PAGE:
Happily, we were near the front, so there was only a small wait. Then through customs, got the bags and into taxi and home by 1am. We decided to drive straight down to Sutton, getting here at 3am.

So wonderful to be home. Feels as though we've been gone longer. My Assistant Lise had left a vase of roses and gummi bears (for me) and chocolate wafers (for Michael). We crawled into bed and ate the treat - marveling at the day.

Now we're all unpacked (often that can take a week or more) - laundry is even done! And sneaking slowly back into real life. Refreshed.

I knew I was exhausted - indeed, I was even getting a little worried about my physical, but also mental, state....felt over burdened and staggering. But now feel so much better.

I'll be starting the next book (book 9) on March 1st. I've decided to take my time....when you read (as I hope you will) THE BEAUTIFUL MYSTERY, you'll see why book 9 needs to be written carefully... Like holding something delicate, fragile, alive...and needing to take care.

Fun time, as I approach the first words of the first draft. And try not to get all scared. though I think fear is just part of the deal. It means I care. But there's also joy, at being back with characters whose lives fascinate me - and whom I love.

So nice to be home - and back with you!


Miche said...

Good Morning Louise,
I am a new reader from Brisbane, Australia. I enjoy your blog almost as much as I enjoy your novels. Thank for providing a link into your life. Your writing has opened up a part of the world that I am now determined to visit.
Kind Regards

Terry L. said...

Looking at the picture of Michael gazing out at the ocean I can almost hear the background music,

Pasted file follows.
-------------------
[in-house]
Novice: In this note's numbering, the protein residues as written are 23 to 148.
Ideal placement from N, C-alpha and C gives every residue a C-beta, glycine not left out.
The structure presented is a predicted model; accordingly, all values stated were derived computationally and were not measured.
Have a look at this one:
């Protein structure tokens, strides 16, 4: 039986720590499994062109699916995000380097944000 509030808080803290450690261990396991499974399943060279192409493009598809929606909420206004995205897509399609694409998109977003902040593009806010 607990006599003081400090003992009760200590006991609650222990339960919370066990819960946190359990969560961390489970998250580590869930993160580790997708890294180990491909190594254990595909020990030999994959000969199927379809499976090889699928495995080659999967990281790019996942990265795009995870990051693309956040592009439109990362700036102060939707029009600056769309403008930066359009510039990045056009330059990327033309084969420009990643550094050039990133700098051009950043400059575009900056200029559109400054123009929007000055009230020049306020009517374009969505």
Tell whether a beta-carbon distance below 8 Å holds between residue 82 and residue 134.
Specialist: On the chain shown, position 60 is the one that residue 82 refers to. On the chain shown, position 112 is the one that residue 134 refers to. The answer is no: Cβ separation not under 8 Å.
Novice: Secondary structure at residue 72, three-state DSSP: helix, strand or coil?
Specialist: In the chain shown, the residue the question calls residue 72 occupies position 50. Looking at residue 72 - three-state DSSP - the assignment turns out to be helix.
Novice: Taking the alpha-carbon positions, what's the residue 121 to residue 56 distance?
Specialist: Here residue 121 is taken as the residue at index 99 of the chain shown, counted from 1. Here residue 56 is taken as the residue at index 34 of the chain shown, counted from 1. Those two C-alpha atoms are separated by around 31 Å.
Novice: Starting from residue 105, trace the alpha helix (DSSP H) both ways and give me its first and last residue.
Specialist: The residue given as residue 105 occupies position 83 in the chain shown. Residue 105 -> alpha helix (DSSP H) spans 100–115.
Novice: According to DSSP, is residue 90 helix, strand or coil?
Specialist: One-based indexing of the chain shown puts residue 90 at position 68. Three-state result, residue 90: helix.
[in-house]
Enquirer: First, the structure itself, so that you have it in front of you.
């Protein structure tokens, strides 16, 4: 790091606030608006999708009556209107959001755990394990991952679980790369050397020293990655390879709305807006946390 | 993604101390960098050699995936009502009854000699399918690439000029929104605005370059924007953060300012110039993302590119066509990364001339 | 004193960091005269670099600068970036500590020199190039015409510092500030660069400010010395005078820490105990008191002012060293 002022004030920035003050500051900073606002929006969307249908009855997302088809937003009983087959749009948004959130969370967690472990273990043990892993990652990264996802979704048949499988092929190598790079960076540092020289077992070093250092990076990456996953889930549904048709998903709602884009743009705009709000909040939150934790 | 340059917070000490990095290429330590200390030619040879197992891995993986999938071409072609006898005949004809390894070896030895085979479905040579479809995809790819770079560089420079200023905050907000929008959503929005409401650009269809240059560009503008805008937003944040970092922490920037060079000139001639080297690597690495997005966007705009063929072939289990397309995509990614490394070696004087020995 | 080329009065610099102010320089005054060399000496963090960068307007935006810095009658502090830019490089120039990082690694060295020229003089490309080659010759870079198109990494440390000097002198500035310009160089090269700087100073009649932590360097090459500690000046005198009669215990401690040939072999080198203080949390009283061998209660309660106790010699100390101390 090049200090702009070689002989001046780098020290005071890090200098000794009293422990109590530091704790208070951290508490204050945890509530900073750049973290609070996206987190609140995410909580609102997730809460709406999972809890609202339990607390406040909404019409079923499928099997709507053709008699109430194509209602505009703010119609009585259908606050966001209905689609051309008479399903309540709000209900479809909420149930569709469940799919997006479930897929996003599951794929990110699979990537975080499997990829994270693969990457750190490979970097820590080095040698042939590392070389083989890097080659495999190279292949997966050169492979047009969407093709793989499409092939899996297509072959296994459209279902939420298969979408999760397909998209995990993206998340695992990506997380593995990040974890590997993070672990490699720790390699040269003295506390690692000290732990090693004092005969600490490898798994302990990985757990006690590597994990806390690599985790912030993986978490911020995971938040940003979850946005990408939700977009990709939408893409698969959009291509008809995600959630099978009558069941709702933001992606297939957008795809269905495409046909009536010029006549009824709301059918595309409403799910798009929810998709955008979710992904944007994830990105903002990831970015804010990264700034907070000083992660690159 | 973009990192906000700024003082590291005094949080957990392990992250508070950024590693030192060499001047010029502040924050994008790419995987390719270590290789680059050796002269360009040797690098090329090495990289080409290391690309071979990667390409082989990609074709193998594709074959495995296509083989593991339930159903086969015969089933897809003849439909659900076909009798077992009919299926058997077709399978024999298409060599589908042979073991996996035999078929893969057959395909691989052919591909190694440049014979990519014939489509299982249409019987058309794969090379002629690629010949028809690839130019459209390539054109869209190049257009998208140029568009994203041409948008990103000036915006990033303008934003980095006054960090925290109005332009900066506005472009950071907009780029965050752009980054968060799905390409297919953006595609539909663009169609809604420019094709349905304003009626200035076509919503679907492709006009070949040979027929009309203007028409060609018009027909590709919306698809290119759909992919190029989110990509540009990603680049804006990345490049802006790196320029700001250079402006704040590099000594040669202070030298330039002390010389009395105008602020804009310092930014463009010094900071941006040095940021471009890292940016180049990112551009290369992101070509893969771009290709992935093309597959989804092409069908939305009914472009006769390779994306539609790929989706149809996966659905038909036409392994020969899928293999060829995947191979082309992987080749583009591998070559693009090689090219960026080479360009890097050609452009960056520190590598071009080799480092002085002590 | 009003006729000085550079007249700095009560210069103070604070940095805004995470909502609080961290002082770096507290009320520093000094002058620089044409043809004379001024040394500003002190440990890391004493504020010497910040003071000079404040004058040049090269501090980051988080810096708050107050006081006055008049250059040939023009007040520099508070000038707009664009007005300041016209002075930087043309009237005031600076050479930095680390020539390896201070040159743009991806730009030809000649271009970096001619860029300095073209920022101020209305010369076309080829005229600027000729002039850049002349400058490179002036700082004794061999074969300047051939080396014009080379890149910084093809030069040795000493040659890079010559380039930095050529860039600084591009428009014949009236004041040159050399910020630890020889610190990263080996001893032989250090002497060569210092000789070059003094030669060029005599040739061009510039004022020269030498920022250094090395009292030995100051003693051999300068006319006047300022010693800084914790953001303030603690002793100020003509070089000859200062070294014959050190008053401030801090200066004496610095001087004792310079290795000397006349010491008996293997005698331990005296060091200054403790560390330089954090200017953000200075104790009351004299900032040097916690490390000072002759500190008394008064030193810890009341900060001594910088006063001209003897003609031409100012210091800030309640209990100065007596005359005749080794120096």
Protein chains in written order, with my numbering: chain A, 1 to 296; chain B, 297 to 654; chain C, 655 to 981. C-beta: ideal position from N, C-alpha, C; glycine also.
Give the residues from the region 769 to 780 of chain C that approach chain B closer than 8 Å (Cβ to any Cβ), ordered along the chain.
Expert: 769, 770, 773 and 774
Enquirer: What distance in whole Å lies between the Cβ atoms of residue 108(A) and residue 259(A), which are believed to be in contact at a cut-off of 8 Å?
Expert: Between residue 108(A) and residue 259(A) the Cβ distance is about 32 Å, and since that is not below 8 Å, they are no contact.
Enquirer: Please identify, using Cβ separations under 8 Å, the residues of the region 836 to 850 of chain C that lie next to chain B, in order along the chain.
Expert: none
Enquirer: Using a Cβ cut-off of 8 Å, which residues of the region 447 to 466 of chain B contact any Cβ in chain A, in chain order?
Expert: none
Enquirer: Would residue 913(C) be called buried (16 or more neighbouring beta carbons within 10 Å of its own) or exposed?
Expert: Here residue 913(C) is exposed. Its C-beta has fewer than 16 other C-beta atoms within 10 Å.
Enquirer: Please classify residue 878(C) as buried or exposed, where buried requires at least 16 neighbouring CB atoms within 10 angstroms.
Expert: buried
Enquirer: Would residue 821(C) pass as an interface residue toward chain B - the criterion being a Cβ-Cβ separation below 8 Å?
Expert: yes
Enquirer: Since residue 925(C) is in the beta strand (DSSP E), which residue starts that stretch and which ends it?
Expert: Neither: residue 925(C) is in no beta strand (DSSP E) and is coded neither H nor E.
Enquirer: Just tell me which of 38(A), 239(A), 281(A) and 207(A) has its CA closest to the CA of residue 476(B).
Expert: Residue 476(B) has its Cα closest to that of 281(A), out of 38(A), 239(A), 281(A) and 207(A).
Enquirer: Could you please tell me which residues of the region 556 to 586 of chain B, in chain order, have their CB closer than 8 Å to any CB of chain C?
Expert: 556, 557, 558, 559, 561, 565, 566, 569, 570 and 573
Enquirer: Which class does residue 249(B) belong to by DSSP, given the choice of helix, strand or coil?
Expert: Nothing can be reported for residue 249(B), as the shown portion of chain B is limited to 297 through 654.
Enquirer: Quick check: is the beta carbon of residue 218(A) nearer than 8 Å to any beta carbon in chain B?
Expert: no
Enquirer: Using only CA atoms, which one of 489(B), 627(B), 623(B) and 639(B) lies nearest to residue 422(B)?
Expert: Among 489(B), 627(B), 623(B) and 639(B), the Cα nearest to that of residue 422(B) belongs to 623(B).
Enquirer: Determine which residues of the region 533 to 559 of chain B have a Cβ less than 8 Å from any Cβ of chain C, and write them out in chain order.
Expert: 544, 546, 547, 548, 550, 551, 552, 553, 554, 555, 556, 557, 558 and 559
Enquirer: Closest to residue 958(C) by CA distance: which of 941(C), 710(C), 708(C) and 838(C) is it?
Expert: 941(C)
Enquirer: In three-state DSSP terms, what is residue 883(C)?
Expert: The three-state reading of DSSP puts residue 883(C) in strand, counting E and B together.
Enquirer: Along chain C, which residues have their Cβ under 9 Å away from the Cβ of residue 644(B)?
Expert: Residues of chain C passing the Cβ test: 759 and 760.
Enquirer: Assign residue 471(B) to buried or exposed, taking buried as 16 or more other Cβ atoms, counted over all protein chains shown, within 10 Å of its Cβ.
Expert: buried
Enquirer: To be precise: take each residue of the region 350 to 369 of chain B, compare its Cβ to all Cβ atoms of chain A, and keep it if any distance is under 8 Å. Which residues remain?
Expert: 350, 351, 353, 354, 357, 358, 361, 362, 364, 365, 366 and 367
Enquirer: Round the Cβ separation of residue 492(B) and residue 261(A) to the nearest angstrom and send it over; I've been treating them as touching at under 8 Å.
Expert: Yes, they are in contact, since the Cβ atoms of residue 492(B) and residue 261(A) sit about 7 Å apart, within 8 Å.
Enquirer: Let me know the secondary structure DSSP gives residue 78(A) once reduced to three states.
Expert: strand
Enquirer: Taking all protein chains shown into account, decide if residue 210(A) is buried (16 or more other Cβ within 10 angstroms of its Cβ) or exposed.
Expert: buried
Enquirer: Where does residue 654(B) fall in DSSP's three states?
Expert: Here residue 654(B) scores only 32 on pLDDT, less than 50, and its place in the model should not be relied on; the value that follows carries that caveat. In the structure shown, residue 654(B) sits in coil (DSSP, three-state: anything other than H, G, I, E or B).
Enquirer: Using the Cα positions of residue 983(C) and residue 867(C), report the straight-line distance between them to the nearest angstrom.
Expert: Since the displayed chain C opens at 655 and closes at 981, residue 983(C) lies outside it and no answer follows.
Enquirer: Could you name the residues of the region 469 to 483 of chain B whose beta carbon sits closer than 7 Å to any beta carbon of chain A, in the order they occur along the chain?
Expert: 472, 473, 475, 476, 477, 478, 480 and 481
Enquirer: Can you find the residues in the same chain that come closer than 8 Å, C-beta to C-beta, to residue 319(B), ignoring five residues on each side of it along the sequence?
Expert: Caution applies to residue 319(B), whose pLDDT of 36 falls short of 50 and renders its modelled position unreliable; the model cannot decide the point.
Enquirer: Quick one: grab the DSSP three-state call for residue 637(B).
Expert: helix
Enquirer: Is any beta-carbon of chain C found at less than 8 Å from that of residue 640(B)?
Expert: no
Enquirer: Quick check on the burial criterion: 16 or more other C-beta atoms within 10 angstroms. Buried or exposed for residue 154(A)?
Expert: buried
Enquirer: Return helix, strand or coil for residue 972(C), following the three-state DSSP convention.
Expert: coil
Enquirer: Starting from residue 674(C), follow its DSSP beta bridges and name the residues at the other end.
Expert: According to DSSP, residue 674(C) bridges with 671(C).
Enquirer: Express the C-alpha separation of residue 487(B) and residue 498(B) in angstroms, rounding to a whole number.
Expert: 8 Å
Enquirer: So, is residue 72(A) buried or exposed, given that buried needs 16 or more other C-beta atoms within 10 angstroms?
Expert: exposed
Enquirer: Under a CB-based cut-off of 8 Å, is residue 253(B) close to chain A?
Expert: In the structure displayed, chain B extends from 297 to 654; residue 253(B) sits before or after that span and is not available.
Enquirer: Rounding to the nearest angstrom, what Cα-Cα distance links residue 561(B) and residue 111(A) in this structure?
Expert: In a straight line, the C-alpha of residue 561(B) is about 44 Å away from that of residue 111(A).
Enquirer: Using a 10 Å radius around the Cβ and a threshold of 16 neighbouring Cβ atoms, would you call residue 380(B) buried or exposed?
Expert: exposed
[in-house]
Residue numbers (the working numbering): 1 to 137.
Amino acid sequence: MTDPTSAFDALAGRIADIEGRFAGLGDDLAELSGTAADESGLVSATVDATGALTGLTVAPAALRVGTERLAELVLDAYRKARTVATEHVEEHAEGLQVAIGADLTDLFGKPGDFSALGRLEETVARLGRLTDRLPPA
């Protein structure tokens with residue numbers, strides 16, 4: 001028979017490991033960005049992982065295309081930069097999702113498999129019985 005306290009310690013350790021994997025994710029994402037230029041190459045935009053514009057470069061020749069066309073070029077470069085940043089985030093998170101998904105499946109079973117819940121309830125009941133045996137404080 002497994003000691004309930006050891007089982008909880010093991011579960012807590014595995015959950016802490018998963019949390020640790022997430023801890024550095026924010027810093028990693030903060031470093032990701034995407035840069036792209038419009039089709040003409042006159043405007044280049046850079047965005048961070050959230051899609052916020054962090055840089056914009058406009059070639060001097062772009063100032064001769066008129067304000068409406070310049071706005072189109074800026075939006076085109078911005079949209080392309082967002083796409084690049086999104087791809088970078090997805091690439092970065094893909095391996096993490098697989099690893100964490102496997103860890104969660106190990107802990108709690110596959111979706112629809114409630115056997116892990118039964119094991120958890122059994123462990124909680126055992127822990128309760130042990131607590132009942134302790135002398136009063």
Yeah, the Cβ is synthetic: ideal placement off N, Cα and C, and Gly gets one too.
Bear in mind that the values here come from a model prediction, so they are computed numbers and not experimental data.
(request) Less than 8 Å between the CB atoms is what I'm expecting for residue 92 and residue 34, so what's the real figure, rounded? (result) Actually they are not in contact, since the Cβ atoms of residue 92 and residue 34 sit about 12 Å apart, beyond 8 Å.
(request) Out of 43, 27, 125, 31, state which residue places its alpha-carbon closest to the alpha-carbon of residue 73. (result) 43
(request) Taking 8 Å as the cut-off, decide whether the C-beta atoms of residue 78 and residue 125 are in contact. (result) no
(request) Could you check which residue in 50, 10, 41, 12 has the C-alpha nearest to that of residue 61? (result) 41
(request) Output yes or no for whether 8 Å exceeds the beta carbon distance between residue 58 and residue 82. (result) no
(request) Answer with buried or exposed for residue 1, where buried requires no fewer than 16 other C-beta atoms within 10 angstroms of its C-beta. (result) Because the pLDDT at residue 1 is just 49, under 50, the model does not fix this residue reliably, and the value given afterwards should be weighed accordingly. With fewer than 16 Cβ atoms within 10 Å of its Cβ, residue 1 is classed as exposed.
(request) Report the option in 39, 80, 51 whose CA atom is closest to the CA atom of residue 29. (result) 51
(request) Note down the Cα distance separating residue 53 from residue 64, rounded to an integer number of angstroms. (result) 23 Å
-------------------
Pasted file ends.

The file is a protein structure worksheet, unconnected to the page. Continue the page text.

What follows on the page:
Like the corners of my mind,
Misty water colored memories,
Of the way we were..."

Now get out the snow shovels and get those steps cleaned off!

Calif. Girl said...

Your vacation sounds pretty close to heaven for me, and I live in a California beach town. So glad you had a relaxing time. I must agree with one of the previous bloggers, your blog is just as good as reading your books. Keep up the bllog and the books!

denise in BC said...

I thought that your characters were written with much love, hence I love them too.

lil Gluckstern said...

Welcome home-a different kind of Eden.It sounds like you needed a rest after your flight. Your vacation looks just beautiful.

Regina Calton Burchett said...

Your vacation sounds (and looks) wonderful, and good to be refreshed before you bring back the characters we love and wait for... I always look forward to visiting with them again.

Colombine said...


Il y a toujours un p'tit deuil à faire en rentrant de voyage, mais ça passera lorsque Gamache et sa suite prendront de plus en plus d'espace.

Profitez bien des derniers jours avant la "rentrée". Les jours sont de plus en plus longs, le printemps est à nos portes.

Lynn in NC said...

So glad you and Michael had such a restful vacation, but I'm glad you are safely home. Between your books and your blog, I really care about both of you, and selfishly want them both to continue!
I grew up on a farm just outside Ottawa, so I feel a special 'connection' to all the locations. I've been in North Carolina now for many years, but still have family 'back home,' and many happy memories - and your books have brought back even more.

Miss Diane said...